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4-min read

Saqib Saleem Opens Up About His Short Film Aamad, Father-Son Bond and Digital Culture

Saqib Saleem, who plays Abhay in the film, had more reasons than one to give a nod to this film and in an interaction with News18.com, the actor bares it all.

Kriti Tulsiani | News18.com@sleepingpsyche2

Updated:June 21, 2017, 11:16 AM IST
Abhay returns home, hugs his weeping mother at the door and warmly asks, "Baba kaha hai?" only to find his father lying on the deathbed. His father, suffering from acute bradycardia, doesn't have much time on his clock. Abhay gently grasps his father's hand and asks him how he's doing. The father, briskly, takes his hand away. And that's when one learns there's a ghost of past haunting the two.

While one wonders what might have happened in the past - a ton of other questions start clouding the mind. Will the father make it? Will the son, who now lives away from the family, make amends for the bygones? Will the two be able to reconcile the differences?

Aamad, a short film directed by Neeraj Udhwani, reveals as much as it conceals. The film sheds light on the complicated and constrained relationship that a father and son share. It's perhaps the awkwardness, that tears them apart yet keeps them glued together.

Saqib Saleem, who plays Abhay in the film, had more reasons than one to give a nod to this film.

"When I first read the script, I said okay - this is a very simple yet a very complex story about the unsaid thing - the unsaid apologies between a father and son. What attracted me to this film was its simplicity. It challenged me as an actor – I had to learn Kathak. I consider myself to be a pathetic dancer otherwise," he said while speaking to News18.com.

"And I did it for my father. Over the last 6-7 years, my relationship with him has become so much better. From a time when I'd hide things from him to a bond wherein there's no filter between us - we can talk about anything and everything in the world," he explained.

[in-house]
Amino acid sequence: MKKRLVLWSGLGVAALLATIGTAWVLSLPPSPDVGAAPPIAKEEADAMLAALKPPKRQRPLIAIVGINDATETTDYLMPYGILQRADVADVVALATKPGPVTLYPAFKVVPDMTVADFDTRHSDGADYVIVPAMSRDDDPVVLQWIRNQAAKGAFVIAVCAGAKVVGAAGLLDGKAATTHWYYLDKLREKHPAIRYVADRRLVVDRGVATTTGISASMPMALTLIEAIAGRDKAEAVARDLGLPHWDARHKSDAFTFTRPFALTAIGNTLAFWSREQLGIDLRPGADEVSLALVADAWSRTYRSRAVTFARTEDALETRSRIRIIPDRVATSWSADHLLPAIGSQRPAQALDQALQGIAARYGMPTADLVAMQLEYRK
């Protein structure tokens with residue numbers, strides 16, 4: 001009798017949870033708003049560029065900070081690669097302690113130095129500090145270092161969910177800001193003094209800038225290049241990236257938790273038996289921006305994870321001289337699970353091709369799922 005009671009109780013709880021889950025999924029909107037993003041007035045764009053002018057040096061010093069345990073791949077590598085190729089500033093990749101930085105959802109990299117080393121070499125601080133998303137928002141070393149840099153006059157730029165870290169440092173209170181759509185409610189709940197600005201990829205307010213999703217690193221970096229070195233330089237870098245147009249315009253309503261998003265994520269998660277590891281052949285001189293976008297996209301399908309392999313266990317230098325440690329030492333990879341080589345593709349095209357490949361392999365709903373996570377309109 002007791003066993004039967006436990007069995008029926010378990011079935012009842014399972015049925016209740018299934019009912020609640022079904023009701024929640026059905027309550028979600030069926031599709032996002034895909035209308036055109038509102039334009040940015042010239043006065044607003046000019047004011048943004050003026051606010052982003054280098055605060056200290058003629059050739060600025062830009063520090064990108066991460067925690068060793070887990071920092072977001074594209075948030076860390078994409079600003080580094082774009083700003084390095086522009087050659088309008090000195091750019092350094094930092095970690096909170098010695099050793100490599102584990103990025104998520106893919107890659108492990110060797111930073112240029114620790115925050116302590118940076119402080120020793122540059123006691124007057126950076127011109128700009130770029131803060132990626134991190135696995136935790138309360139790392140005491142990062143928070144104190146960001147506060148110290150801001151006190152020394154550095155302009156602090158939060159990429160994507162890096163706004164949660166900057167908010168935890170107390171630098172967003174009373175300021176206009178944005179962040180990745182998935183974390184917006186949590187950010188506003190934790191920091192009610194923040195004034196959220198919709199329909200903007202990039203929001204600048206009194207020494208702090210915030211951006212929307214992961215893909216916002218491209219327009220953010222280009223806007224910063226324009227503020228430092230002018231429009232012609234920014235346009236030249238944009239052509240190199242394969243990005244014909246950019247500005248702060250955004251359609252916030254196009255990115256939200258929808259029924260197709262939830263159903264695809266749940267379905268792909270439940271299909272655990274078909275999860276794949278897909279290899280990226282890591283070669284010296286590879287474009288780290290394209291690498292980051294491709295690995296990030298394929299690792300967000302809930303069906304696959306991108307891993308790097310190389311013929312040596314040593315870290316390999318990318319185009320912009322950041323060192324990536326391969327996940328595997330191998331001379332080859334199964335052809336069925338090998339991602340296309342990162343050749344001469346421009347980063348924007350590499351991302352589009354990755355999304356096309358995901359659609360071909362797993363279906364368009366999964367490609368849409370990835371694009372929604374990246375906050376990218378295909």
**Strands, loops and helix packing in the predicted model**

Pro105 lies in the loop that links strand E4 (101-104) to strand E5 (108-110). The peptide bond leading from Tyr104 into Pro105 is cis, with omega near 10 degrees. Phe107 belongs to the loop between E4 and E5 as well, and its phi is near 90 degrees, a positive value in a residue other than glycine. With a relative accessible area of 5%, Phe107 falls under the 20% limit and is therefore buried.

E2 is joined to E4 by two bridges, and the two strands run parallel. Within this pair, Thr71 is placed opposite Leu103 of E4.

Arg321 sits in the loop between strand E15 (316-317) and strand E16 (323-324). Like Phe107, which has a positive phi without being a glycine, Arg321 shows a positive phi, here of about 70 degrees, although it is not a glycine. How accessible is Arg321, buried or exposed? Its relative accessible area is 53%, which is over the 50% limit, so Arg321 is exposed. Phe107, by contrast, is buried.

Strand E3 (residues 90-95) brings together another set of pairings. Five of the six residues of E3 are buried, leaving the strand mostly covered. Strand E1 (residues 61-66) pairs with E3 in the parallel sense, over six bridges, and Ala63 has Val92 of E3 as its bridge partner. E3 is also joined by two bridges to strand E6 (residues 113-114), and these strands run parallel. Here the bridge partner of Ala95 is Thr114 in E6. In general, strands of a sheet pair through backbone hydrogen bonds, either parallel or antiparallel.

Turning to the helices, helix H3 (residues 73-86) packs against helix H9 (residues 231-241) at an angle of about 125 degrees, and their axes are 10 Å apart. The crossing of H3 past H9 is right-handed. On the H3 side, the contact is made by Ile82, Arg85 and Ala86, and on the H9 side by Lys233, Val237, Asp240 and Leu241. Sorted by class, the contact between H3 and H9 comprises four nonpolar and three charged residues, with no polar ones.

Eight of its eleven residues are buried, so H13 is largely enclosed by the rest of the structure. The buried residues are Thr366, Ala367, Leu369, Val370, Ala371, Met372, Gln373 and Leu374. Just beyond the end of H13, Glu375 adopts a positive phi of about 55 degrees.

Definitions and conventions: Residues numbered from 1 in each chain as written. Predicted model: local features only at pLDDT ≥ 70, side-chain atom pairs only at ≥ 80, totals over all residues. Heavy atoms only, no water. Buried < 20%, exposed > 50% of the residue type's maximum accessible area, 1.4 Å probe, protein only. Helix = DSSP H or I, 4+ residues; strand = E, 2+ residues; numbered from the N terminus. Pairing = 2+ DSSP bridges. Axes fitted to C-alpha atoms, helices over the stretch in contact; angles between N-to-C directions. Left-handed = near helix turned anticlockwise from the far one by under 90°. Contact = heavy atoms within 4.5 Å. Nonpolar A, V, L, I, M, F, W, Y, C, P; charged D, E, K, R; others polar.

When asked about the bond he shares with his father, Saqib said, "A father-son relationship is a very different kind - I don't know to explain this. If my dad answers the phone, the first thing I say is, acha mom ko phone do - that's how sons are with dads."

Considering that Saqib and his sister, actress Huma Qureshi, decided to leave their homes to pursue acting, was his father wary of his decision? "My father has been very supportive in whatever capacity he could be. When both of us joined the industry – he was very apprehensive as this is a world he hasn’t seen, it was an alien world for us - but he told me one thing that, "If you want to do it, you’ll do it and I’ll support you but there’s a fear."


"This fear was coming from a very paternal instinct and I can completely imagine what he, as a father, must be going through. He was looking out for us and with whatever work we’ve done in life, he's only become nicer and easier about it. He doesn’t stress about it now. So I think every relationship takes time to evolve like this," he added.

Because both siblings decided to make a career in Bollywood and even featured in the film Dobaara: See Your Evil together, does it help Saqib to have a family connection in the film industry? "Everybody has to go through their own journey in life – my journey didn’t help Huma, hers didn’t help mine. But what helped was our stories and experiences that we’d always share with each other and tell each other how our days were - about what mistakes I did that she shouldn’t do, and the ones she did – I shouldn’t do."

"Huma was always into theatre, I was the buffoon in the family. I don't know how things happened. People wanted to work with me. I sat down and realised that's there's something I'm doing right – I don’t want to know what that it is but I just want to continue doing that, he said.

Saqib, who made his Bollywood debut with Mujhse Fraandship Karoge, has previously featured in the short 'Koi Dekh Lega', a part of 'Love Shots'. When asked if the web space offers more opportunities and whether he considers this to be a future, he quipped, "I enjoy digital because there’s no censorship – we know that jo script mei likha gaya hai wahi hoga, koi uspe baithke kanchi nai maarega. (the content will be as it is written in the scripts and no one will censor what's there)."

He further stated that "not everything can be made into a film" and that there are so many actors and directors who'll get to work with each other if not in films, then on the web.

However, he had no qualms in accepting that with the good, comes the bad too. "I think this is the way of the universe to tell us that there are different avenues for the content waiting to be explored and digital platform is the future. But because of everybody wanting to make digital content – there’s a lot of not so good stuff on the web too. Everybody wants to make something on it, but something good should come out of it."
| Edited by: Kriti Tulsiani
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